In June 1993 a new radio station called Radio-Television Libre des Mille Collines (RTLMC) began broadcasting in Rwanda. The station was rowdy and used street language - there were disc jockeys, pop music and phone-ins. Sometimes the announcers were drunk. It was designed to appeal to the unemployed, the delinquents and the gangs of thugs in the militia. “In a largely illiterate population, the radio station soon had a very large audience who found it immensely entertaining.” RTLM radio station was set up and financed by hard-line Hutu extremists, mostly from northern Rwanda: wealthy businessmen, government ministers and various relatives of the President. Its backers also included the directors of two African banks and the vice-president of the interahamwe
Please listen to the video below. If you heard this how would you respond if you were a Tutis? How would you respond if you a Hutu? Stop listen to video
Radio organizes Genocide
The killing was so efficient in Kibuye in Rwanda and the surrounding province, where all but 8,000 of its 250,000 Tutsis were slaughtered, that it was known as the "pure genocide". That was in part due to the province's governor, Clément Kayishema, a doctor who took to the radio to urge Tutsis fleeing the marauding "interahamwe" gangs of Hutu extremists to shelter in the town's church.
They soon realized their mistake. The church was perched atop a small peninsula jutting into Lake Kivu. When the killing there began in earnest on 17 April 1994, there was nowhere to flee. Some Tutsis ran to the water only to be attacked by men in boats. The genocidal tossed grenades into the lake just as they used explosives to catch fish. There were few survivors, one was Lucie, her mother, and her son.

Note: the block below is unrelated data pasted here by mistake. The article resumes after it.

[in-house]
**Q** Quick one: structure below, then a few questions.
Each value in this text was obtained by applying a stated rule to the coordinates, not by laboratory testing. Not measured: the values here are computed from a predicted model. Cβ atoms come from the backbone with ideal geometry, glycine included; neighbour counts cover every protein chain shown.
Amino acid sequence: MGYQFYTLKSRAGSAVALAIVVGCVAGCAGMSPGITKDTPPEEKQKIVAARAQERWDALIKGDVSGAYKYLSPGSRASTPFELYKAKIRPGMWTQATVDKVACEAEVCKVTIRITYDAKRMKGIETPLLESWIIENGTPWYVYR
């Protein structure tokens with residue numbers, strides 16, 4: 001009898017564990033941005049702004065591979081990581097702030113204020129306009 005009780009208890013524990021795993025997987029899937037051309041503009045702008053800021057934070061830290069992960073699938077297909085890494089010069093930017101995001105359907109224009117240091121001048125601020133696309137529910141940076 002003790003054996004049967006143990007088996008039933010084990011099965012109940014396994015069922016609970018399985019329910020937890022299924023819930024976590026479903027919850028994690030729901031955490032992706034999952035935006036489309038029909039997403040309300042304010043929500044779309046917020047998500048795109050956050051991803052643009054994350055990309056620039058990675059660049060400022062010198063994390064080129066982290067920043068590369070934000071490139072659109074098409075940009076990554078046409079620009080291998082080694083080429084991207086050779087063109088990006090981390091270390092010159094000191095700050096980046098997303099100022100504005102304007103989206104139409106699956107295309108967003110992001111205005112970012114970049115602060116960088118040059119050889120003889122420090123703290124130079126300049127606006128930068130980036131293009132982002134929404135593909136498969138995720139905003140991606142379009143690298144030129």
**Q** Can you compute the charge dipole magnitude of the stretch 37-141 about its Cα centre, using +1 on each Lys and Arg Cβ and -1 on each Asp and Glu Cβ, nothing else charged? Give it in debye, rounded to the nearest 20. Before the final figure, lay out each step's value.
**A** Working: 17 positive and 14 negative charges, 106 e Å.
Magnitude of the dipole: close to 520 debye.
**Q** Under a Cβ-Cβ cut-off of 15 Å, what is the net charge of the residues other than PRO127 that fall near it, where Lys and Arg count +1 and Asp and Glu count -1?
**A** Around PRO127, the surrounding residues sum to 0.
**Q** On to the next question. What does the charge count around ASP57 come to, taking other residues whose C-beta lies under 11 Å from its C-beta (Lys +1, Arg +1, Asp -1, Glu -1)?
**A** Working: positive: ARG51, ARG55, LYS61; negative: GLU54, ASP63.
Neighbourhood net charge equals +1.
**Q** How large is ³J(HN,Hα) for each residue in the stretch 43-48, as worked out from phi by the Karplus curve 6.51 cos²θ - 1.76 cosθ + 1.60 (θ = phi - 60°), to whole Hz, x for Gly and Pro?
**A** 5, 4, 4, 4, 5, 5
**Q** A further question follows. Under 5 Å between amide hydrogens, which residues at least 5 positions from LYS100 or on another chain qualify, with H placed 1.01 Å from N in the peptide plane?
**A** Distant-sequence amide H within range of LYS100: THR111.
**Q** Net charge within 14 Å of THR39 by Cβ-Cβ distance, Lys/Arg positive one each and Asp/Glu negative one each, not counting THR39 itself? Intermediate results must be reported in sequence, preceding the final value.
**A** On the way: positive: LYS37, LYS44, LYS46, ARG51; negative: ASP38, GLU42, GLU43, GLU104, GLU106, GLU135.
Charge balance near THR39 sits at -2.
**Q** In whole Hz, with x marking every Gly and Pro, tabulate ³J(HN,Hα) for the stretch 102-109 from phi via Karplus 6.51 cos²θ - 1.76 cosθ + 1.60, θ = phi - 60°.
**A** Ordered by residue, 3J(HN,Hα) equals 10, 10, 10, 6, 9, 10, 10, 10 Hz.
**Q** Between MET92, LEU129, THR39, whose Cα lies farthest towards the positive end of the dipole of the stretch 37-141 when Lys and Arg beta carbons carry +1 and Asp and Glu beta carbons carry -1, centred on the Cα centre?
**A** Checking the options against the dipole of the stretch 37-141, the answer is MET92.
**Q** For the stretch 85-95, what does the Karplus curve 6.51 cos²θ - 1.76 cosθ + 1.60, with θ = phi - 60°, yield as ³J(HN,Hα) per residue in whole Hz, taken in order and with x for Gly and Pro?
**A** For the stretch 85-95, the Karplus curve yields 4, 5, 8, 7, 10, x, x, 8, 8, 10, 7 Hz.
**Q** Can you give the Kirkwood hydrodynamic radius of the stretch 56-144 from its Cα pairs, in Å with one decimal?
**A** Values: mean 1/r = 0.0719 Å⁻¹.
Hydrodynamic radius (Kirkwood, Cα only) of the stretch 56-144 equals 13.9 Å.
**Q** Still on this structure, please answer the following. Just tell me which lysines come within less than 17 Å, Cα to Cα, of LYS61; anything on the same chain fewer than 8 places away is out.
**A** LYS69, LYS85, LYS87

Those who lived were often saved by the decency of others. Lucie and her mother were inside the church when the interahamwe stormed in shooting and cutting away with machetes. As Tutsis fled through the back door some were killed on the spot, including Lucie's grandfather. Others were lined up for execution by men waving nail-studded clubs. By the end of the day 11,500 people had been murdered in and around the church. The next day another 10,000 Tutsis were killed in the football stadium.
But Lucie and her mother were rescued by policemen pretending they were taking them for execution. As they were marched away, Madalena heard a child crying among the vegetation. "We were furious because he was shouting and we thought it would bring the interahamwe," she tells me. "I thought to myself: 'Shut up child. Shut up or die.'"
A policeman rescued the boy. Only later did Madalena see that the child she wished dead was her eight year-old son, Maurice. Today he is an army officer.
Madalena's neighbors hid her and the children until it became too dangerous. After that the family burrowed deep into banana groves and hoped no one would find them. Over the coming weeks Madalena was captured, raped and saved from death by the bravery of a Hutu bank clerk who used his own money to bribe the interahamwe.
Would you risk your life to save someone you didn't know?
The radio told people to go to work and everyone knew that meant get your machete and kill Tutsis."
The graves are not yet full became the slogan for the RTLM.
COOPER & SEVERSEIKE'S STUDENTS SKIP THE VIDEO. YOU WILL WATCH IT AT ANOTHER TIME.
ANGUS STDUENTS MUST WATCH!
ANGUS STDUENTS MUST WATCH!